British actor Harris Dickinson gives a smashing breakthrough performance in Beach Rats. He plays Frankie, a Brooklyn teen having a sexual-identity crisis. He's attracted to men, but the bros he hangs with are, well, the opposite of enlightened. Frankie's confusion escalates when he meets Simone (the excellent Madeline Weinstein), a girl who might make his life a whole lot easier. But Internet chat rooms give Frankie the chance to score hookups with older men. The sex is secret, but Frankie's hunger for it is palpable.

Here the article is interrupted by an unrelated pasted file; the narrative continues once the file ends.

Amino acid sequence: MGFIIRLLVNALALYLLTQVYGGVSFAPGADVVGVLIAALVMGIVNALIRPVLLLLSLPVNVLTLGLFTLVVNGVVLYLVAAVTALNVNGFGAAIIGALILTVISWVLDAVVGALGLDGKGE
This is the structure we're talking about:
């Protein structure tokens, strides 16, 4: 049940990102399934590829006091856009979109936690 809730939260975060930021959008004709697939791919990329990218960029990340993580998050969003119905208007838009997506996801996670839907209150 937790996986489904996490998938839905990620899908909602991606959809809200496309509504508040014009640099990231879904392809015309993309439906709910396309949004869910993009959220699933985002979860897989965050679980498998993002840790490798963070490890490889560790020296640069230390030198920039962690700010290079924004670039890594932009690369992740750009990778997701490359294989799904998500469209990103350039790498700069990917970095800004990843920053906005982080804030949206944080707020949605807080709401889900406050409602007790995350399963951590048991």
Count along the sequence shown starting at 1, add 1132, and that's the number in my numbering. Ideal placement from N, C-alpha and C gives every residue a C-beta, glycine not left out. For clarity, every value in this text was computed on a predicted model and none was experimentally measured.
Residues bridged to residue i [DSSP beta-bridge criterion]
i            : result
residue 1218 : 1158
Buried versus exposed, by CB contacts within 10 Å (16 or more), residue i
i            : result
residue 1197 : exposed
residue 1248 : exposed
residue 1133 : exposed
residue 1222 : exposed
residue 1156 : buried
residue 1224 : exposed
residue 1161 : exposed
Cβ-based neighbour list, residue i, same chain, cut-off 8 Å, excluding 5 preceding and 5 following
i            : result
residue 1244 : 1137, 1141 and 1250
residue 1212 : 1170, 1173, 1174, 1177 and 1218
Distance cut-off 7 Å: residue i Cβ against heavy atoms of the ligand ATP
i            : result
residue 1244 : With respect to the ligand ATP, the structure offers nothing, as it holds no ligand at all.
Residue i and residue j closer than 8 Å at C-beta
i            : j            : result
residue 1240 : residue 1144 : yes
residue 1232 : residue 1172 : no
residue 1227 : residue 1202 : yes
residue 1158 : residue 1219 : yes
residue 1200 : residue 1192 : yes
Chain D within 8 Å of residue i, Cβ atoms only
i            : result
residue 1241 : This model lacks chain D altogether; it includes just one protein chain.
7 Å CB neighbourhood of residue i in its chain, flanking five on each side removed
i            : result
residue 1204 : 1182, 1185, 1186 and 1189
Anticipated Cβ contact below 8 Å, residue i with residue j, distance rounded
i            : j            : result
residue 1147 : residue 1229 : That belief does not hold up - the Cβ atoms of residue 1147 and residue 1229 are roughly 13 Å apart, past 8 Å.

Writer-director Eliza Hittman, a Brooklynite herself, dealt with the coming of age of a 14-year-old girl in her superb 2014 debut film, It Felt Like Love. And her insights, from the perspective of a young male, resonate with powerful impact and internal confusion. In Beach Rats, she crafts a film of erotic heat and piercing delicacy. Even when the plot gets contrived, the emotions stay true. At 19, Frankie can't understand his own emotions, much less articulate them to himself or his family. His father (Neal Huff) is dying of cancer. And his mother (Kate Hodge) and younger sister (Nicole Flyus) are hardly sexual confidantes. What we have here is a film, gorgeously shot by French cinematographer Hélène Louvart, about a character in a limbo of his own making. And Dickinson digs so deep into the tension between repression and coming out that you're with him every step of the way. Beach Rats is one from the conflicted heart.